• At the end of that minute, a special exhaust fan will be placed near your child's head to help eliminate the exhaled gas.

    Perfusion

    • A radiopharmaceutical will be injected in one of your child's veins.
    • Imaging of the lungs will be performed continuously throughout the examination.
    • It is important that your child remains as still as possible during imaging to obtain the best quality images.

    A ventilation/perfusion scan movie

    Ventilation Perfusion Study
    Download QuickTime for Windows
    Download QuickTime for Macintosh

    Will my child feel anything during a ventilation/perfusion scan?

    The placement of the mask over the mouth and nose may cause some anxiety or discomfort, but will not harm your child.

    Your child may experience some discomfort associated with the insertion of the intravenous needle. The needle used for the procedure is small. Once the radiopharmaceutical is injected, the needle is withdrawn and a gauze bandage with adhesive tape is placed over the site of the injection. The area where the injection was given may be a little sore.

    Although the gamma camera may appear large and intimidating, it does not touch your child.

    Is a ventilation/perfusion scan safe?

    We are committed to ensuring that your child receives the smallest radiation dose needed to obtain the desired result.

    • Nuclear medicine has been used on babies and children for more than 40 years with no known adverse effects from the low doses employed.
    • The radiopharmaceutical contains a very tiny amount of radioactive molecules. We believe that the benefit to your child's health outweighs potential radiation risk.
    • The camera used to obtain the images does not produce any radiation.

    What happens after the ventilation/perfusion scan?

    Once the scan is complete, the images will be evaluated for quality. If the scan is adequate, your child will be free to leave and resume normal activity.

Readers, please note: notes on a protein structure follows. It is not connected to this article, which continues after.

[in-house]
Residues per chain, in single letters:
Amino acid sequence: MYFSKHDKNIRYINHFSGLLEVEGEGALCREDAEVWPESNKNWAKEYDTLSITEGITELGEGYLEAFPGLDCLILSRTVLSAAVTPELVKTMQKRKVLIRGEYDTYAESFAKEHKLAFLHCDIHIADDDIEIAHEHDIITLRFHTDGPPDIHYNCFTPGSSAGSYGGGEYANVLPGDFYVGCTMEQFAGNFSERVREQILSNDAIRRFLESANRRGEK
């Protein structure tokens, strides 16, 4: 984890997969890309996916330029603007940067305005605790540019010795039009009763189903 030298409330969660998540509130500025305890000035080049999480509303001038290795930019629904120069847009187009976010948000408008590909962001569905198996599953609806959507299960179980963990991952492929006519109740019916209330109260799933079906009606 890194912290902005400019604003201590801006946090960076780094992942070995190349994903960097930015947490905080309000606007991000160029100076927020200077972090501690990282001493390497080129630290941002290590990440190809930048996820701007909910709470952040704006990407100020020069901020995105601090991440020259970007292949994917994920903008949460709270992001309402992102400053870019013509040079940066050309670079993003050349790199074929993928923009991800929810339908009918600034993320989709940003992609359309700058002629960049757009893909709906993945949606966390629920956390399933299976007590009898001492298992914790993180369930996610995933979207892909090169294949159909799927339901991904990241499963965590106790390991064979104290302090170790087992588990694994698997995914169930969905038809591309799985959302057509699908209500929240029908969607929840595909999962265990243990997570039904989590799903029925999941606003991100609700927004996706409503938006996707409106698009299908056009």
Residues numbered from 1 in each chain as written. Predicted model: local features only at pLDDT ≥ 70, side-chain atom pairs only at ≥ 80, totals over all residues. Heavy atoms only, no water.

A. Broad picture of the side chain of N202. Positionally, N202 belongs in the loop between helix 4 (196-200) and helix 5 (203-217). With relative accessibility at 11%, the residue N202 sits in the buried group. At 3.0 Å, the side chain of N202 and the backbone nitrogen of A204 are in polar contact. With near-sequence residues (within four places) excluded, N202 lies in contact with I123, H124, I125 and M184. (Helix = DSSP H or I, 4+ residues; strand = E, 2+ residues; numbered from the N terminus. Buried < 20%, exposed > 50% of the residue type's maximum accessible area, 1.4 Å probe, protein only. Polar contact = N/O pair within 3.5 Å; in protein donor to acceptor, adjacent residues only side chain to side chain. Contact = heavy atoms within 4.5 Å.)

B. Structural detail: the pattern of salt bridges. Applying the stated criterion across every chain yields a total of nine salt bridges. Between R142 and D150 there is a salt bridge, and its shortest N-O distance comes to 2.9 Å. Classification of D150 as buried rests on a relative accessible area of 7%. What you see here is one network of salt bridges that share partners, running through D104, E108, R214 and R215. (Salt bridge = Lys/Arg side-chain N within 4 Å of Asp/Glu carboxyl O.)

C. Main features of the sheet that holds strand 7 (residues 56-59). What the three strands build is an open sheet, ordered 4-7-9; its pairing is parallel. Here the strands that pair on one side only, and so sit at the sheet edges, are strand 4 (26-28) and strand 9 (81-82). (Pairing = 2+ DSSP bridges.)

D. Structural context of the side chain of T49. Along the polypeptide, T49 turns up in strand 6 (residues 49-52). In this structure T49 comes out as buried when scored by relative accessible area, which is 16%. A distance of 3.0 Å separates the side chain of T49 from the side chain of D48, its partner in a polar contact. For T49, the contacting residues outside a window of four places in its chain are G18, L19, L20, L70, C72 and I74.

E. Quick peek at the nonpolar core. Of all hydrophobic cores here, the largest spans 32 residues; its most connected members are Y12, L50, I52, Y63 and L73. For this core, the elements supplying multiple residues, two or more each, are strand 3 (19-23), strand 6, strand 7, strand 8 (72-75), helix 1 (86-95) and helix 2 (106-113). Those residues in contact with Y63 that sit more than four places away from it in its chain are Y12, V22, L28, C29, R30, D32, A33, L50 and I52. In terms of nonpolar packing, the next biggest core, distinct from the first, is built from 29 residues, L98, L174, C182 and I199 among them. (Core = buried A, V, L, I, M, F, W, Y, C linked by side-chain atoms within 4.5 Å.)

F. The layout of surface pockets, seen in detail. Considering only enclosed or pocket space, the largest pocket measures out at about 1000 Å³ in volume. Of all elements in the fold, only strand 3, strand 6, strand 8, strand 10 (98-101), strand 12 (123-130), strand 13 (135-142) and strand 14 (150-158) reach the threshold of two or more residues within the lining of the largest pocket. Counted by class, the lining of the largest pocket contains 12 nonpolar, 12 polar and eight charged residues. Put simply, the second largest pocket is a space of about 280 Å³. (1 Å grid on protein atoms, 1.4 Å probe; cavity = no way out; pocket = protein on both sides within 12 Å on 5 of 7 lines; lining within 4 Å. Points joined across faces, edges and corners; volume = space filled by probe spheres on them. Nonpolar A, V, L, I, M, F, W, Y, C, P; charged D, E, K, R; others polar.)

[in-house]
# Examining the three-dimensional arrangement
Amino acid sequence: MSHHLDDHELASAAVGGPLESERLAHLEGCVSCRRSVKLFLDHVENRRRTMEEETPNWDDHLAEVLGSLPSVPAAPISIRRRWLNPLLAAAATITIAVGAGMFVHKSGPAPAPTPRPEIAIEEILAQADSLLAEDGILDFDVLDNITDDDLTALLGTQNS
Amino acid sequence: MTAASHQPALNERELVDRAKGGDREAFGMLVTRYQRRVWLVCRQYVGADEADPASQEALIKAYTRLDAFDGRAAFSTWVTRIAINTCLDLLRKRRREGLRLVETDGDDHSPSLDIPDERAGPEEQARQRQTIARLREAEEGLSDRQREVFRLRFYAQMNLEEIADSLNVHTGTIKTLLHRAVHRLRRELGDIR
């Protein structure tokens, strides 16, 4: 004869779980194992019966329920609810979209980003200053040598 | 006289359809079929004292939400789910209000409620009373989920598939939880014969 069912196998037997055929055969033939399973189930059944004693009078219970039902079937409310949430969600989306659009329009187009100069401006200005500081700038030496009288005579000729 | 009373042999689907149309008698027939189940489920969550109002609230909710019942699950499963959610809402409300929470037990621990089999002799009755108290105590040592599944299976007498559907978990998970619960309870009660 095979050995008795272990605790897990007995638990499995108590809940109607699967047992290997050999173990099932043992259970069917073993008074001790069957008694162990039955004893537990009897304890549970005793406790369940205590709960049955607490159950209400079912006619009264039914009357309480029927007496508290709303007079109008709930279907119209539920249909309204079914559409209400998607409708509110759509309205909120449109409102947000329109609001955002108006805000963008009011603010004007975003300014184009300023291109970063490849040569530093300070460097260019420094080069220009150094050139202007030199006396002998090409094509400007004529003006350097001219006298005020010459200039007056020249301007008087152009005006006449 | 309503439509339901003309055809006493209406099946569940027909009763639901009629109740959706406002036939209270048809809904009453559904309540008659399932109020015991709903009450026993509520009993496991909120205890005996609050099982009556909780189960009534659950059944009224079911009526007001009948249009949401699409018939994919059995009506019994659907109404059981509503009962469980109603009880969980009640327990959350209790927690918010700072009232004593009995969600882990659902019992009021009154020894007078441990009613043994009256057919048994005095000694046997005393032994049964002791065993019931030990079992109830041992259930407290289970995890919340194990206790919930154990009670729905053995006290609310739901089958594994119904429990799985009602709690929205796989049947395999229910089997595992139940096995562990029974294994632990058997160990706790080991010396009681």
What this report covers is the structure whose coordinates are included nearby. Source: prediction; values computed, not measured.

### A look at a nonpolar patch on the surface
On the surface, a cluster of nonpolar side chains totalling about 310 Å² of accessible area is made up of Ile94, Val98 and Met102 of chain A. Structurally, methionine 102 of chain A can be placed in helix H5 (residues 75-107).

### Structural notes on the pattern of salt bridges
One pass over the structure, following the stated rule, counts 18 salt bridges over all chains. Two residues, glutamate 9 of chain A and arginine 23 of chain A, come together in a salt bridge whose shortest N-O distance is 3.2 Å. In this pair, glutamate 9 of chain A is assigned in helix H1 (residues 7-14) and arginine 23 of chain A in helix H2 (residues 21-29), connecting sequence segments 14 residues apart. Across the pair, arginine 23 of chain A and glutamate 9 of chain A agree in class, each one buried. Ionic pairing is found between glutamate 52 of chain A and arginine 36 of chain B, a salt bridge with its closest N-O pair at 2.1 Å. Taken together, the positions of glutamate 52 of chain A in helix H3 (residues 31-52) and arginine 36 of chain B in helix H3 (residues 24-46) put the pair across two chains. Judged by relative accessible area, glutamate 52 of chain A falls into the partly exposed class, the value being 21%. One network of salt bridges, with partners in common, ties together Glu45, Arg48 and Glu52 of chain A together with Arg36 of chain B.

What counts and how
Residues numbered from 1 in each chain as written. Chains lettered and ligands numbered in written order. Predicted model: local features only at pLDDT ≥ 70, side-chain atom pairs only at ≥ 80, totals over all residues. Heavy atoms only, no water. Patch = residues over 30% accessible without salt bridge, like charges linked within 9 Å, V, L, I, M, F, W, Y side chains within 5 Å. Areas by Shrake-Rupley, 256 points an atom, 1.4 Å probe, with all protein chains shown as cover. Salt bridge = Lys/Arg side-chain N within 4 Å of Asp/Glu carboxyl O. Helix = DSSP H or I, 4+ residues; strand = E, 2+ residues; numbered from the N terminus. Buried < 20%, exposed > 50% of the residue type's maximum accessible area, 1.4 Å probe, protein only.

One of the Boston Children's nuclear medicine physicians will review your child's images and create a report of the findings and diagnosis.

    How do I learn the results of the ventilation/perfusion scan?

    The nuclear medicine physician will provide a report to the doctor who ordered your child's ventilation/perfusion scan. Your child's doctor will then discuss the results with you.

  • Because nuclear medicine procedures involve small amounts of radiation, we are committed to ensuring that your child receives the lowest possible dose needed to obtain the high-quality images needed for accurate diagnosis and treatment.

    Our physicians and physicists are leaders in adjusting equipment and procedures to deliver low doses appropriate to children. We are part of the Image Gently Campaign and the Pediatric Imaging Council of the Society of Nuclear Medicine; we helped develop Image Gently guidelines so hospitals across the country can minimize children's exposure to radiation during medical procedures. We helped to write a brochure for parents available here.

    From the lab to the clinic

    Physicians and scientists in our research laboratories are working to develop new agents for the diagnosis and treatment of pediatric diseases. Our Small Animal Imaging Laboratory has a research PET scanner, called the microPET, which was the first of its kind to be installed at a pediatric hospital. The scanner helps scientists investigate mechanisms of disease and develop and refine new nuclear medicine imaging techniques.